Supreme Judicial Court upholds MassDEP’s right to cap carbon emissions from power plants to fight climate change
A spokesman for the region's power plants on Tuesday expressed disappointment, cited issues of fairness, and suggested the cap regulation would give an economic edge to dirtier, out-of-state plants. "As went unrefuted throughout the case, with Massachusetts plants having their operations limited by this regulation, less efficient plants out of state will be dispatched to make up the difference," said Dan Dolan, president of New England Power Generators Association.
The Massachusetts Supreme Judicial Court on Tuesday upheld the state’s authority to mandate aggregate, declining greenhouse gas emissions from power plants to comply with a 2008 climate change law.
“Its name bespeaks its ambitions,” wrote Justice Scott L. Kafker for the court. “The Global Warming Solutions Act … was passed to address the grave threats that climate change poses to the health, economy, and natural resources of the Commonwealth.”
A coalition of electricity generators panned the decision, while the Conservation Law Foundation proclaimed “an unqualified win for climate leadership in Massachusetts.”
The New England Power Generators Association and GenOn Energy, Inc. in 2017 sued the Massachusetts Department of Environmental Protection, contending that it acted unlawfully in establishing a “cap regulation” for in-state power plants.
MassDEP had told the power sector to reduce its total carbon dioxide output from 9.1 metric tons in 2018 to 1.8 metric tons in 2050.
The cap regulation stemmed from a landmark 2016 case where teenagers sued MassDEP for its failure to comply with the state’s climate law. Gov. Charlie Baker subsequently ordered the agency to create new regulations for “volumetric reductions” across all economic sectors.
In the case before the SJC, which originated in Superior Court, power plants argued that they are already regulated under a separate law. They asserted that MassDEP overstepped its authority, that a cap would actually increase emissions, and that a “sunset provision” of the law prohibits such regulation after 2020.
The seven justices said that the plaintiffs hadn’t made their case.
“We conclude that none of these arguments is meritorious and, accordingly, uphold the Cap Regulation,” the decision reads.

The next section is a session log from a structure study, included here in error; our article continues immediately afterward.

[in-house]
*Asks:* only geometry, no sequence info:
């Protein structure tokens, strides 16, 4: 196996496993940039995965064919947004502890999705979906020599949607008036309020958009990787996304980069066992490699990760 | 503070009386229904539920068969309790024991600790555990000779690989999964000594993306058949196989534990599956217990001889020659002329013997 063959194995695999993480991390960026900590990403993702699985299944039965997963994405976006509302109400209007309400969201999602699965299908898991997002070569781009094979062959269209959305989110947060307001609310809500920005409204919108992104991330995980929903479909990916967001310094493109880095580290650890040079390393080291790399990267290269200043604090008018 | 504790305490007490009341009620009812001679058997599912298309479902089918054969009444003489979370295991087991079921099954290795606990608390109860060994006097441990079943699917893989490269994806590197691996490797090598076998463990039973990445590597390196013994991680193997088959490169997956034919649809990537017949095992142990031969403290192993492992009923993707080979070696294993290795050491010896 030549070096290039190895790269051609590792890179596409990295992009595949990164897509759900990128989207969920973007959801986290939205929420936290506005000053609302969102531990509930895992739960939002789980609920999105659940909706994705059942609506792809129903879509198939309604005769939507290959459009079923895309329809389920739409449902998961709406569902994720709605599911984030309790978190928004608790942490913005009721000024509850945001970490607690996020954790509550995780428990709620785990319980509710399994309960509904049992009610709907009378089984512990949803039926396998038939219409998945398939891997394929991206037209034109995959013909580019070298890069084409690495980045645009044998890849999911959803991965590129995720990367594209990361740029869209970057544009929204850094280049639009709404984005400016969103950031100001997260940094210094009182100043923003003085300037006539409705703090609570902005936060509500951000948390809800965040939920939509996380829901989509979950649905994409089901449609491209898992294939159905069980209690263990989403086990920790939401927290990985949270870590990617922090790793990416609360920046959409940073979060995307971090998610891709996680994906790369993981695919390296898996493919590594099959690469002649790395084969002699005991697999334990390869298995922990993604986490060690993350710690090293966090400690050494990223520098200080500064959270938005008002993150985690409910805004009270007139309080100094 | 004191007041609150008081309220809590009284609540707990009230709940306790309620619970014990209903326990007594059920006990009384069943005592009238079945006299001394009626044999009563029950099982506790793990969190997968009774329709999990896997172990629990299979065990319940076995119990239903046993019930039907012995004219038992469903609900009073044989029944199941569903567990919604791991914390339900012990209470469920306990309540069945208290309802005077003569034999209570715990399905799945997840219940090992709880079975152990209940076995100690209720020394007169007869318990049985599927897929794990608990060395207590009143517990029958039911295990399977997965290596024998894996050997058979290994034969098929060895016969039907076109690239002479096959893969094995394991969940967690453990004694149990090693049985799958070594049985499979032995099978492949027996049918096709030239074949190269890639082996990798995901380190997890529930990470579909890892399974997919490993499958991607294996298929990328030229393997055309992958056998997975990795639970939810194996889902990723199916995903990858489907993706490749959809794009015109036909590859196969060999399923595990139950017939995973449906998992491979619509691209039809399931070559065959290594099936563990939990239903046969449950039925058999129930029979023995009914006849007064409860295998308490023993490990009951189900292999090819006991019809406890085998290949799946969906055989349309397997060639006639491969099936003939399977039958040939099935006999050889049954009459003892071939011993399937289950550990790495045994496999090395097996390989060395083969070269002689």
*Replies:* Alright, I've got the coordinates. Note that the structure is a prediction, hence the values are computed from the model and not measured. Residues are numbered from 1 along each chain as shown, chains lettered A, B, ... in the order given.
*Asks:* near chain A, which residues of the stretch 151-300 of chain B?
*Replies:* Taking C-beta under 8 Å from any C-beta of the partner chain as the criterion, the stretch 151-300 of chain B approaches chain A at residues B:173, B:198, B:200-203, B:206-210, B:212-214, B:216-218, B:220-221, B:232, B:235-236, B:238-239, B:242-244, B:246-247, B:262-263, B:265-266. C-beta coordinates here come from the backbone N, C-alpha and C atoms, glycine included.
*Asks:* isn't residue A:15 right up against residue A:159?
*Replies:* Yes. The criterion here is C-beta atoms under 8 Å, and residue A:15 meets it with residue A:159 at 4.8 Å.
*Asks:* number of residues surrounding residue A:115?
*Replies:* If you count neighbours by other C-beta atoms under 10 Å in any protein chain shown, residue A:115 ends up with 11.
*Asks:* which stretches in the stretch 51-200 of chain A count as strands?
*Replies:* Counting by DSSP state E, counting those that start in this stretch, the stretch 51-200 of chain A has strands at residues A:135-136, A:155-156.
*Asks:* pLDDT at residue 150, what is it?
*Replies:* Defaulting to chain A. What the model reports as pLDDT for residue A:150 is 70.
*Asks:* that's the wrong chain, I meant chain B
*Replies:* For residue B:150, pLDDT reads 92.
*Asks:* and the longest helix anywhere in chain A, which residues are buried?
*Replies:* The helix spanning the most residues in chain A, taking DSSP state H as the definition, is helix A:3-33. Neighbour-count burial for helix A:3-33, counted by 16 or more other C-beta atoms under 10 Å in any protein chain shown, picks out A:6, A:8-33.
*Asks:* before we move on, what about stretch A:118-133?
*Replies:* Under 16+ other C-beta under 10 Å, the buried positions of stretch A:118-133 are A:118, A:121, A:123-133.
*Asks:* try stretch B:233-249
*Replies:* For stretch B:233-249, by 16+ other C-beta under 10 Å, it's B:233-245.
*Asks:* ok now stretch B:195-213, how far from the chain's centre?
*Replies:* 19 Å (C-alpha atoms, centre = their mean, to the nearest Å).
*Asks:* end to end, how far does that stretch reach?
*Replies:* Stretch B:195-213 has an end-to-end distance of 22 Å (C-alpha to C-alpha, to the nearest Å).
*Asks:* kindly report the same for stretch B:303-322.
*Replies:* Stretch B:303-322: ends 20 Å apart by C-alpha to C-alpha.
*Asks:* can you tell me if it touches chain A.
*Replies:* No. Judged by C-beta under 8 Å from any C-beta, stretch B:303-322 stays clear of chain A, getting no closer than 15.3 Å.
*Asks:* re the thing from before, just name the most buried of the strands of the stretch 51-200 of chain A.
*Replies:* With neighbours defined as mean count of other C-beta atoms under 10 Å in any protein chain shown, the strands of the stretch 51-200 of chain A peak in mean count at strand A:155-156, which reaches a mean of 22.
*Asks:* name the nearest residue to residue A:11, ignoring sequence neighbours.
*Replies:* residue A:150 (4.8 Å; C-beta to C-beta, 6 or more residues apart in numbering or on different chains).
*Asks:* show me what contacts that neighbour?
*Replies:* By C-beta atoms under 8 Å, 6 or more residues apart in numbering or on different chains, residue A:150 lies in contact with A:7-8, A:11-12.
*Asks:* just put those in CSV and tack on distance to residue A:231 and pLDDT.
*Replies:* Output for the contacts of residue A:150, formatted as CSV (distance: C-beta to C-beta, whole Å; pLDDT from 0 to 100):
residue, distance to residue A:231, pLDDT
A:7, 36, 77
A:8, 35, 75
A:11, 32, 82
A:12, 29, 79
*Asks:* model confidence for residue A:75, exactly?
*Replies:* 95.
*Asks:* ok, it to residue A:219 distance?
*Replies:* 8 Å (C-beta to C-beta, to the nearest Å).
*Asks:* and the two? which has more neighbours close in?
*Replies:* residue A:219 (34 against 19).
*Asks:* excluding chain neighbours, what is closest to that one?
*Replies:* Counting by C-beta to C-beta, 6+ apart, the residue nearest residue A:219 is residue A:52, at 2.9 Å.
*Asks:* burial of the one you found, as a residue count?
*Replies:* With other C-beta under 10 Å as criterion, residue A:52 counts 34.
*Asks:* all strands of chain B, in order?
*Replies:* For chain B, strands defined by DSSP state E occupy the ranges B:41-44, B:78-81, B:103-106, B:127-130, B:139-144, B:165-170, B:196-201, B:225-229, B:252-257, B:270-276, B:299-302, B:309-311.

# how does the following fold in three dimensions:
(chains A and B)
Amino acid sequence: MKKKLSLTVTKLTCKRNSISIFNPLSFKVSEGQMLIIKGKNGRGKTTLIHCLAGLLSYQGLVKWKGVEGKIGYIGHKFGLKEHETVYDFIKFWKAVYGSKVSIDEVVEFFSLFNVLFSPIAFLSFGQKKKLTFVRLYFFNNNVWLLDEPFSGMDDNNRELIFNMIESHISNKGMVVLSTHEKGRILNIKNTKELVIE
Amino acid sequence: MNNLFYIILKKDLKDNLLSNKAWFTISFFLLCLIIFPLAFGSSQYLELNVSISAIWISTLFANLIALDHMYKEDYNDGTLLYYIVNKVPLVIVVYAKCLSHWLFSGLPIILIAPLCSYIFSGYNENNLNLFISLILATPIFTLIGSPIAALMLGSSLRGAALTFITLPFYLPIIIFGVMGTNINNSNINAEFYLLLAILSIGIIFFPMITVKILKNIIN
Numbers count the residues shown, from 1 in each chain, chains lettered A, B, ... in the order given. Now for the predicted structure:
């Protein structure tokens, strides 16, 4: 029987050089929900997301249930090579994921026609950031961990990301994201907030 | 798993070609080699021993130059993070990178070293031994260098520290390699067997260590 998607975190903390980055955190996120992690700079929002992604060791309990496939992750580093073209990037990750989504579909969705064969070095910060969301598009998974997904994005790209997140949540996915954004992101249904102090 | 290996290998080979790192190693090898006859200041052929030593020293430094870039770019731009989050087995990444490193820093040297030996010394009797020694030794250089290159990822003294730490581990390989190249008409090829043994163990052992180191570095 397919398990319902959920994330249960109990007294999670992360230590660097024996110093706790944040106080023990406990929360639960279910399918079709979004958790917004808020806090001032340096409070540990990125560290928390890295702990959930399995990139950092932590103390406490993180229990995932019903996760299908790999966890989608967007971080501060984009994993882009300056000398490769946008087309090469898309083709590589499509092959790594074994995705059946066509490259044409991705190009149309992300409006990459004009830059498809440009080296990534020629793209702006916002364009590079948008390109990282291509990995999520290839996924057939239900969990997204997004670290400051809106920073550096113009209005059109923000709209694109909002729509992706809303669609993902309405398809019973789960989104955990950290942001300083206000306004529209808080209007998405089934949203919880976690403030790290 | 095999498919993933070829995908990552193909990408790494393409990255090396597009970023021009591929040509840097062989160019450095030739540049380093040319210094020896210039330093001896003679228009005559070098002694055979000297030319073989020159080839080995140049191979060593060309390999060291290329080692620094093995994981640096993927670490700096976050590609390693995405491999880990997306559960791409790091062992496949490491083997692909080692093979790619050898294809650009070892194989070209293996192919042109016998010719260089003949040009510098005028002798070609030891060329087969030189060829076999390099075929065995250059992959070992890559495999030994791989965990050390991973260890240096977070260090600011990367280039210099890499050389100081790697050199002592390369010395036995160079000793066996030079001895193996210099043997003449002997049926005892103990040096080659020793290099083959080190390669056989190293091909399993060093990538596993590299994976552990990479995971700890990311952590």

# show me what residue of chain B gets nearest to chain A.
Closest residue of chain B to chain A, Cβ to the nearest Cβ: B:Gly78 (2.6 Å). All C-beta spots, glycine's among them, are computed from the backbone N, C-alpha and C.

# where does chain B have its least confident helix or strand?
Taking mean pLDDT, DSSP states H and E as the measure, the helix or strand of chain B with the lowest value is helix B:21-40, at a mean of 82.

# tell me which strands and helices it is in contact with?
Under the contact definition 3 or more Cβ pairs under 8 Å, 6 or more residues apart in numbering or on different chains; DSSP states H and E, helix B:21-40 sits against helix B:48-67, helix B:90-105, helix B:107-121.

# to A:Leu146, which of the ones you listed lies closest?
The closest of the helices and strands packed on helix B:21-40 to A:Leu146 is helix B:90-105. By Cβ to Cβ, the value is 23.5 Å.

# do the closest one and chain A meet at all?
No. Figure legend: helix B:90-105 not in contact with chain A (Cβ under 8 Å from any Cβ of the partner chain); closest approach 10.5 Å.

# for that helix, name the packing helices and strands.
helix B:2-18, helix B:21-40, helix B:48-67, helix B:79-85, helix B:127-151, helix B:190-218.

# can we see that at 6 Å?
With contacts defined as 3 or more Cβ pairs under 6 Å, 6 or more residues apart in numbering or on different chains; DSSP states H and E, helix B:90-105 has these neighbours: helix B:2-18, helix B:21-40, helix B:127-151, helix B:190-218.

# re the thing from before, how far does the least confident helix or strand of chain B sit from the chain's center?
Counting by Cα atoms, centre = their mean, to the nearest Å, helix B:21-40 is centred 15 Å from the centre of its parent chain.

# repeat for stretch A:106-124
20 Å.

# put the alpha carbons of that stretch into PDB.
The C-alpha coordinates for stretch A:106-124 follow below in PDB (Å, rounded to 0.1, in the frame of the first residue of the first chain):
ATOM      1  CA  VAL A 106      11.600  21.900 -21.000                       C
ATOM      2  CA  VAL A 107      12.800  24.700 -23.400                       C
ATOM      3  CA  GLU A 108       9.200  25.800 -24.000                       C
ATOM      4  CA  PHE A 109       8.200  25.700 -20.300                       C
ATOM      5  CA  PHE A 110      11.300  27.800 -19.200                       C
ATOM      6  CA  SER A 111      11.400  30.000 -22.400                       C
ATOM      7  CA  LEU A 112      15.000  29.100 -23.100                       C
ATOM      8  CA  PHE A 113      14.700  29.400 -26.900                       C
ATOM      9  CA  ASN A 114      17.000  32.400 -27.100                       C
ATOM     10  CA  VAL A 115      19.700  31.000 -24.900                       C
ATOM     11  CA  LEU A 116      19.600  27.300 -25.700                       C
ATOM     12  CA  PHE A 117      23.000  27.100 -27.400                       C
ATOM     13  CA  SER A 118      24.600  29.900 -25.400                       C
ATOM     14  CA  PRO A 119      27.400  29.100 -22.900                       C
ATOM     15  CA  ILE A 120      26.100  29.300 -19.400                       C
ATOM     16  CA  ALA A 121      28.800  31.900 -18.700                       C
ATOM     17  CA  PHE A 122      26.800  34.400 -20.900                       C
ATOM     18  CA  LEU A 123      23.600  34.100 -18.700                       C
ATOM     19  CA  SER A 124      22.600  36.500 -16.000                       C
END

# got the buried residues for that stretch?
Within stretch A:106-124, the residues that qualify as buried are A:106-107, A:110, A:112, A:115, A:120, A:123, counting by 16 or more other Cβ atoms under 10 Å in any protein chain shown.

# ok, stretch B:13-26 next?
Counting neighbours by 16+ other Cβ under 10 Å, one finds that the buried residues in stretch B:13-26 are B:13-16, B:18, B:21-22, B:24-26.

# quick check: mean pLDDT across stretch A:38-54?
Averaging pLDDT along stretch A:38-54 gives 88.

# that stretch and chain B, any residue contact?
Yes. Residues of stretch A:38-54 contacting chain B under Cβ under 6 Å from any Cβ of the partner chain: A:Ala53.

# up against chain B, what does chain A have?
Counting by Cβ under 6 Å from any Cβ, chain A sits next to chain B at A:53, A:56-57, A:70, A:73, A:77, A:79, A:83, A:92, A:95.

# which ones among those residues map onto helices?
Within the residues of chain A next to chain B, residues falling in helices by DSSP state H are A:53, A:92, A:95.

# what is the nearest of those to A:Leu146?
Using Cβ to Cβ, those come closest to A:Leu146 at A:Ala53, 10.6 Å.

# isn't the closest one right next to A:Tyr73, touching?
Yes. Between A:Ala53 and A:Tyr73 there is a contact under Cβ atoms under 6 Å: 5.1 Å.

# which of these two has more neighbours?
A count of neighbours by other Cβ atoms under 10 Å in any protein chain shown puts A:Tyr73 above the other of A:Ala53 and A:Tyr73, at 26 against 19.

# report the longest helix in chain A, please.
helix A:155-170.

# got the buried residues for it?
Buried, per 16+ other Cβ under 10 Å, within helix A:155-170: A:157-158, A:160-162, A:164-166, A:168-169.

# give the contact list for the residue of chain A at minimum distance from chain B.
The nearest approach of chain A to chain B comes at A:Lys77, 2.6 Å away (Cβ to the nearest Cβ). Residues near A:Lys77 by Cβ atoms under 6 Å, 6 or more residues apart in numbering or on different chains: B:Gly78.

A spokesman for the region’s power plants on Tuesday expressed disappointment, cited issues of fairness, and suggested the cap regulation would give an economic edge to dirtier, out-of-state plants.
“As went unrefuted throughout the case, with Massachusetts plants having their operations limited by this regulation, less efficient plants out of state will be dispatched to make up the difference,” said Dan Dolan, president of New England Power Generators Association.
Dolan said Massachusetts power plants are proud of having cut carbon emissions by nearly 60 percent since 1990. He said transportation is a much bigger culprit when it comes to climate change, and remains largely unregulated.
“We’re committed to continuing to do our share in meeting our environmental responsibilities, but it is now past time for Massachusetts to engage other sectors, as will be necessary to meet the economy-wide legal mandates,” Dolan remarked.
Conservation Law Foundation president Bradley Campbell offered a different perspective.
“Carbon pollution poses a major threat to our environment, our health, and our economy, and the Court’s opinion is a resounding call for the electricity sector to offer climate solutions rather than resistance and roadblocks,” said Campbell. “CLF is pushing for strong climate laws and mandatory emissions reductions in every New England state.”
The foundation had submitted briefs in support of MassDEP, and fought for the original 2008 climate law. The Global Warming Solutions Act requires that by 2050, in-state greenhouse gas emissions be reduced by at least 80 percent below 1990 levels.
The cap regulation is separate from the Regional Greenhouse Gas Initiative, or RGGI, which is a multi-state, market-based cap-and-trade program for carbon emissions from power plants. It is also separate from the state’s Renewable Portfolio Standard.
MassDEP spokesman Ed Coletta said the Baker administration “remains committed to ensuring Massachusetts residents and business are provided with reliable, cost-effective clean energy while reducing carbon emissions,” and is pleased with the court decision.
The administration “looks forward to continuing statewide and regional efforts to implement a diverse energy portfolio, ensure environmental protection standards are met, and maintain system reliability across Massachusetts and New England,” Coletta said.
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